Wild Virginia Press Release: ACP a Clear & Present Danger

by Duane Nichols on July 29, 2017

Wild Virginia seeks to protect our National Parks & Forests, etc.

Federal Documents and Proposed Pipelines: a “Clear and Present Danger”

Press Release from David Sligh, Wild Virginia, July 24, 2017

On Friday, the United States Forest Service released the Draft Record of Decision (ROD) to amend the Land and Resource Management Plans for the George Washington and Monongahela National Forests for the Atlantic Coast Pipeline.

Contrary to its independent duty to ensure the environmental review is complete and sufficient to support its draft decision, the Forest Service settled for the seriously flawed information presented by the Federal Energy Regulatory Commission (FERC) in its Final Environmental Impact Statement for the ACP.

The documents fail to depict the true effects of the construction and maintenance of the ACP. Some biological evaluations, roads analysis and consultation with the U.S. Fish and Wildlife Service are incomplete, a testament to the inadequacy of the content. Still the documents and the pipeline, present a clear and present danger to the forest in many ways that are documented.

>>> A total of 4,892 acres of interior forest habitat would be eliminated, creating 30,025 acres of new forest edge habitat and destroying 214 acres of National Forests

>>> ACP would cross 2.4 miles of porous and unstable karst areas on Forest Service lands and two cave systems of high significance: the Cocheran’s Cave Conservation Site and Burnsville Cove Cave Conservation Site.

>>> A total of 14 National Forest standards would be eliminated and circumvented as it applies to the pipeline, including impacts to soils, wetlands, old growth, the Appalachian Trail, and the endangered Indiana Bat.

>>> The cumulative impacts of both the ACP and the Mountain Valley Pipelines are not considered relevant to the Draft Decision, in clear violation of the National Environmental Policy Act.

“FERC found the construction and operation of the Atlantic Coast Pipeline may affect and is likely to adversely affect seven Endangered Species (Indiana bat, northern long-eared bat, Roanoke logperch, Madison Cave isopod, clubshell mussel, running buffalo clover, and small whorled pogonia),” said Misty Boos, Wild Virginia Executive Director. “It is outrageous that the Forest Service would sign off on a scheme like this with the full knowledge that it will harm endangered species.”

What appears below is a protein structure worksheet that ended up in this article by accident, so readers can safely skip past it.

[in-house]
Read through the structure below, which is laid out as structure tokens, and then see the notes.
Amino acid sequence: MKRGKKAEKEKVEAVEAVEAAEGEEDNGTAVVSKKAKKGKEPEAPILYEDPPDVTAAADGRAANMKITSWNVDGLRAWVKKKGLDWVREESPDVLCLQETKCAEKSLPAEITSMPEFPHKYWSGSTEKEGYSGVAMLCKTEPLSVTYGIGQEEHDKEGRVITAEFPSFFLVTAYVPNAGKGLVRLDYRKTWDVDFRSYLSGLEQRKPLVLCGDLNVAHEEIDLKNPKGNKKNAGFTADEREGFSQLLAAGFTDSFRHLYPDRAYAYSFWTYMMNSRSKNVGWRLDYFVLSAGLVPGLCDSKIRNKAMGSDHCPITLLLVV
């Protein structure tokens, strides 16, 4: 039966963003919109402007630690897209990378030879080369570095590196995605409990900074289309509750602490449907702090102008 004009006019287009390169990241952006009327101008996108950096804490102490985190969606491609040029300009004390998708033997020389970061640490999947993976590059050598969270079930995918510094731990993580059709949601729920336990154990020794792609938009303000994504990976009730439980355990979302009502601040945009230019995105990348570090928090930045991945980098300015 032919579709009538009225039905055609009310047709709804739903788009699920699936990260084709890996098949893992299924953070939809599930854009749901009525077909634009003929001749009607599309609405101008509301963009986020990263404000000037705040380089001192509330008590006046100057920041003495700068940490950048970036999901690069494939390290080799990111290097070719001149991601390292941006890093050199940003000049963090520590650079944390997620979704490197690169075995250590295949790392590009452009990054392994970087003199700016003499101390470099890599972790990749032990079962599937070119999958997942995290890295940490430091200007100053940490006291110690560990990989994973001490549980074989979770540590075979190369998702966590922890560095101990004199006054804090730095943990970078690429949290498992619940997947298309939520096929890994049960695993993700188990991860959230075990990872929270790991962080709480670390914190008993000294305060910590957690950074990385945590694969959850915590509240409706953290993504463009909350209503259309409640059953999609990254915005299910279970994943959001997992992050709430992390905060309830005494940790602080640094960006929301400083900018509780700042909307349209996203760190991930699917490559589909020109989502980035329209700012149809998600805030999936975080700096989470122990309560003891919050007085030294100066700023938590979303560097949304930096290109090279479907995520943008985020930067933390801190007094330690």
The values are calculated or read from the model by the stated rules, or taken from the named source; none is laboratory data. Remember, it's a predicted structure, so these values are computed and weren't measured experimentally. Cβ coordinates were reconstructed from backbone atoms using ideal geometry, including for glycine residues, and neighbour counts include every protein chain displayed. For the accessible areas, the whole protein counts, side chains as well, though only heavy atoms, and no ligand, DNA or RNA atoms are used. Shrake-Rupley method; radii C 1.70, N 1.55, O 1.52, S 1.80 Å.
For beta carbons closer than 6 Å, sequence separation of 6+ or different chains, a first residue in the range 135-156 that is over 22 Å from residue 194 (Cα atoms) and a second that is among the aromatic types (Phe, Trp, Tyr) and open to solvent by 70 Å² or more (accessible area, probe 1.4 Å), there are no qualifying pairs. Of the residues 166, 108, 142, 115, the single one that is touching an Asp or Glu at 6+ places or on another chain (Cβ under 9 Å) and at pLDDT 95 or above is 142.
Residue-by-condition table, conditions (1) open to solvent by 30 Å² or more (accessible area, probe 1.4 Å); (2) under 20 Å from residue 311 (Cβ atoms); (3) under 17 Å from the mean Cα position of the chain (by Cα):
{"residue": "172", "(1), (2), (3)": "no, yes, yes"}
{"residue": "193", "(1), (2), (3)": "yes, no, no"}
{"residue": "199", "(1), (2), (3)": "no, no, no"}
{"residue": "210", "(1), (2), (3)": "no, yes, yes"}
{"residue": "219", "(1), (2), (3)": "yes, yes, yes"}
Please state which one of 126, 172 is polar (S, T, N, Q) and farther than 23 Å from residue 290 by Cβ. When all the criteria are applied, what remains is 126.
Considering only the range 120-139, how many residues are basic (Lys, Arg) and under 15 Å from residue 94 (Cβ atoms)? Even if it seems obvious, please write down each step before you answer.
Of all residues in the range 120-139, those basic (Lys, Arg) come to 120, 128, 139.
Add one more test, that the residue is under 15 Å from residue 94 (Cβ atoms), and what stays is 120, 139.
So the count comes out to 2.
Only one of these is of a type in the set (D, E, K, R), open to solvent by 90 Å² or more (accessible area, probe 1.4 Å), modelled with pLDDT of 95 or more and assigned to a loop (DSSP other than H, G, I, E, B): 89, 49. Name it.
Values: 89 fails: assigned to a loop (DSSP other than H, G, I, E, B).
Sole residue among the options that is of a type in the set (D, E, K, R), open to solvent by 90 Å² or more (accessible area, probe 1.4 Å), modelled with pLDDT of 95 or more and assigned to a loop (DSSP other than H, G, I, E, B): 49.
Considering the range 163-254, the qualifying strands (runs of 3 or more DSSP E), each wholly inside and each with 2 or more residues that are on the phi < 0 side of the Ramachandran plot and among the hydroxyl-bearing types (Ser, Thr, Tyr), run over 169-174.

The Forest Service Draft Decision determines that the ACP “can be implemented with limited adverse impacts.” “It is interesting that this decision was made by the Regional Foresters in offices hundreds of miles away from these forests,” said Ernie Reed, President of Wild Virginia. “No one who has stepped foot in these forests could ever come to such a delusional conclusion.”

“The Final Environmental Impact Statement and this Record of Decision from the Forest Service make it clear that we cannot rely on the Federal Government to protect our forests and drinking water,” Boos said. “Now, the State of Virginia must stand up and do their job. The Virginia DEQ has the authority to protect the citizens of Virginia. All eyes are on the DEQ in the coming weeks. They must do what the Feds have not and choose our safety over private profits.”

Wild Virginia and others will be submitting formal objections to this Draft Decision. Litigation is certain to follow. “We and the many thousands of Virginians fighting to protect our public lands, our waters, and our communities will not accept the federal or state resource agencies’ abdication of their duties. We will challenge every flawed process and decision every inch of the way,” said David Sligh, Wild Virginia’s Conservation Director.


Misty Boos, Director, Wild Virginia
P.O. Box 1065, Charlottesville, VA 22902
(434) 971-1553, misty@wildvirginia.org

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